The long period of anaemic GDP growth is about to stall. The reason why? Because global oil prices have just broken out of their Goldilocks band – the price range in which oil companies can stay in businesses without triggering a global recession.
Last week the Brent Crude oil price briefly hit $80 per barrel – the highest it has been since the oil price collapse in mid-2014; when prices crashed from more than $100 per barrel to just $30. Oil analysts had been expecting an increase in prices this year simply because oil inventories had been running down and shortages were considered likely. However, increased tension between the USA and Iran, together with the collapse of Venezuela’s oil industry has exacerbated the shortage; causing a much sharper spike than had been expected.
The impact of these shifts on the wider economy has been delayed because of the effect of futures contracts. That is, the petrol and diesel that you are currently buying at the pump was sourced some time ago at a lower price. Nevertheless, fuel prices have now risen to the point that it is beginning to hurt, and mainstream media have been obliged to take notice. In the USA, unleaded gasoline is now averaging the ridiculously low (by European standards) price of $2.80 per gallon (0.62p per litre); and there is concern that prices will spike above the symbolic $3.00 per gallon as the summer driving season begins:
“The current level is the highest since 2015, and many experts believe $3 gasoline is right around the corner as the summer driving season heats up. Already, 13% of gas stations across the country have prices above $3 a gallon, according to AAA. Gasoline prices tend to be highest on the West Coast, and nine states — Alaska, California, Hawaii, Idaho, Nevada, Oregon, Pennsylvania, Utah and Washington — already have averages above the $3 mark. Even in the lowest-cost state (Arkansas), average prices have moved above $2.50 a gallon.”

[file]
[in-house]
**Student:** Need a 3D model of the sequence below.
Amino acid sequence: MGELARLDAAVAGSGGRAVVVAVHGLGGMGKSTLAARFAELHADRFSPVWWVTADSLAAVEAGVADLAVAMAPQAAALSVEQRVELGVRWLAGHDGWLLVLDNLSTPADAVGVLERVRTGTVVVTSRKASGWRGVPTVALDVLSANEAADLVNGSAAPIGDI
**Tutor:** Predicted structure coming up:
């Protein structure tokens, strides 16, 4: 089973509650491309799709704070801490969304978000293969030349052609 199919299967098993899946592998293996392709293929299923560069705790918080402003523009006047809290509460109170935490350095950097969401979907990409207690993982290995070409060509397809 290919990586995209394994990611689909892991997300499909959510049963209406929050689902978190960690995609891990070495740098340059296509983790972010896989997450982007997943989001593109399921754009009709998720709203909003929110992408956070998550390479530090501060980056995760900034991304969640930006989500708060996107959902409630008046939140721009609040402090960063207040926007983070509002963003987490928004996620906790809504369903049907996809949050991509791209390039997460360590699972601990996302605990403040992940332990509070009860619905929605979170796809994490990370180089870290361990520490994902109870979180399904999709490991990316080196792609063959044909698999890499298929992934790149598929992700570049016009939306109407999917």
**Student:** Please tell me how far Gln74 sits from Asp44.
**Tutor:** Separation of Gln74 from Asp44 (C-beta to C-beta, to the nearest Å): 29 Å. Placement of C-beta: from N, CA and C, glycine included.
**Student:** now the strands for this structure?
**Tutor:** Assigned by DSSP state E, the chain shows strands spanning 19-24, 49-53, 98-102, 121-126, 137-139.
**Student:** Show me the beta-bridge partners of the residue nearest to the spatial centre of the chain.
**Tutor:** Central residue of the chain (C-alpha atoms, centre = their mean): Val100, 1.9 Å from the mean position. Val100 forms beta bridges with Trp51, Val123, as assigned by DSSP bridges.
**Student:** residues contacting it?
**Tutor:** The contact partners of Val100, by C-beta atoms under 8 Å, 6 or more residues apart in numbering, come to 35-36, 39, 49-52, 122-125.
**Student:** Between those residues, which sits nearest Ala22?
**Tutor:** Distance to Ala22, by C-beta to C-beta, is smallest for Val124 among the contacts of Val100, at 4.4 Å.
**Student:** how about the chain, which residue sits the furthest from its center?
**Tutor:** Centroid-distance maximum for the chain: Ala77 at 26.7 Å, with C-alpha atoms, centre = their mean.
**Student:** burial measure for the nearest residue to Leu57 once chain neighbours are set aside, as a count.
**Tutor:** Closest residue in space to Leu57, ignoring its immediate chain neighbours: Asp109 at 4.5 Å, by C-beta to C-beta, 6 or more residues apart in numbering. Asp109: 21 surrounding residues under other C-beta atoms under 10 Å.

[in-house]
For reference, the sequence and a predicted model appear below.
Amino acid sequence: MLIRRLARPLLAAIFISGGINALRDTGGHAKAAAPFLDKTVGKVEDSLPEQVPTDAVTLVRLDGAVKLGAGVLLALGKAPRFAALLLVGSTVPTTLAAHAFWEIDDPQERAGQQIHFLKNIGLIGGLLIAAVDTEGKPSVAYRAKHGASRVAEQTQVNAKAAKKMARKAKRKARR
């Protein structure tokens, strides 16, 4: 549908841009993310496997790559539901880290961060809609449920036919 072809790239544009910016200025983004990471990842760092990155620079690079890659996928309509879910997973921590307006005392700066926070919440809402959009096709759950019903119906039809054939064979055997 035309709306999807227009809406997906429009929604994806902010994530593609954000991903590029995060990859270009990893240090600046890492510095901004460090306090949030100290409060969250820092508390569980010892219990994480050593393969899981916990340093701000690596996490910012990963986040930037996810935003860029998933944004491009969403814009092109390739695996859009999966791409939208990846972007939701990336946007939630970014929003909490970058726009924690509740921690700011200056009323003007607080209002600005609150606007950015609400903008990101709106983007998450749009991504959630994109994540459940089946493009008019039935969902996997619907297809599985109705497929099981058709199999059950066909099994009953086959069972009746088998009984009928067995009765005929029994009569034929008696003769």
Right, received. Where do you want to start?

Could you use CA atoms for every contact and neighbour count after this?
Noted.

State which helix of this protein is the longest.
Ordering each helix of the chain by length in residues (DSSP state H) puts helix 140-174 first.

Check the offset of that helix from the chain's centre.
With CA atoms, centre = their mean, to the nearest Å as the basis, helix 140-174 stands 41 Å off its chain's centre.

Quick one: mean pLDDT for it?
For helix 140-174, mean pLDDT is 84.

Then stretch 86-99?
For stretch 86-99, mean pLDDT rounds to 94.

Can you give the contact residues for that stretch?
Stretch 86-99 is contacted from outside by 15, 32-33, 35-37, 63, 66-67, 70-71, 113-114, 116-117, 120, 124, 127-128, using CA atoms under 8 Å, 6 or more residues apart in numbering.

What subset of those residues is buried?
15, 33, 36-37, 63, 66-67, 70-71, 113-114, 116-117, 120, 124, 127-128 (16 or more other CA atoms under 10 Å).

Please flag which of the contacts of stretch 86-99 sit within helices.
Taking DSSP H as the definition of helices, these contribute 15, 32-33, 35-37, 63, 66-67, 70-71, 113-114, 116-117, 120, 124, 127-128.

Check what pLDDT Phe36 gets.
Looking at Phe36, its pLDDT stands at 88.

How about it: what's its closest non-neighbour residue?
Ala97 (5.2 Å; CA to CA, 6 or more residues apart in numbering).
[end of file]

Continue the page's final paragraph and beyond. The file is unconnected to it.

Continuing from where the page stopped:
Costs are also rising on this side of the Atlantic; as the BBC reports:
“The price of fuel has hit a three-and-a-half-year high as the price of oil continues to climb, putting more pressure on consumers. The average price of petrol has risen to 127.22p a litre and diesel to 129.96p a litre, following a rapid rise in the oil price…
“This month the price of crude oil briefly reached $80 a barrel and is still at levels not seen since 2014. Last week, the chief executive of French oil company Total, Patrick Pouyanne, said he believed oil could reach $100 ‘in the coming months’.”
Nor is Total’s CEO the only one to raise the prospect of $100 per barrel oil in the near future. Saudi crown prince Mohammed Bin Salman has indicated that OPEC wants to see prices increase above $100 per barrel in order to boost the floatation price of the state oil company:
“Reuters reports that Riyadh would be fine with prices rising that far, which lends weight to the notion that OPEC will keep the production cuts in place even as its mission to drain surplus oil inventories around the world appears to be largely “accomplished.”
“OPEC and its non-OPEC partners are even considering yet another extension that would push the cuts into the middle of 2019. But with inventories back to average levels and expected to fall for the foreseeable future, the production limits would surely push the market into a deficit. The over-tightening, presumably, would lead to higher oil prices…just in time for the Aramco IPO.”
Economists of the neoclassical school – which dominates the thinking of politicians and central bankers – wrongly believe that a rising oil price is inflationary. This is largely because neoclassical economists are taught nothing about money in the course of a three year economics degree:
“It may astonish non-economists to learn that conventionally trained economists ignore the role of credit and private debt in the economy – and frankly, it is astonishing. But it is the truth. Even today, only a handful of the most rebellious of mainstream ‘neoclassical’ economists – people like Joe Stiglitz and Paul Krugman – pay any attention to the role of private debt in the economy, and even they do so from the perspective of an economic theory in which money and debt play no intrinsic role. An economic theory that ignores the role of money and debt in a market economy cannot possibly make sense of the complex, monetary, credit-based economy in which we live. Yet that is the theory that has dominated economics for the last half-century.”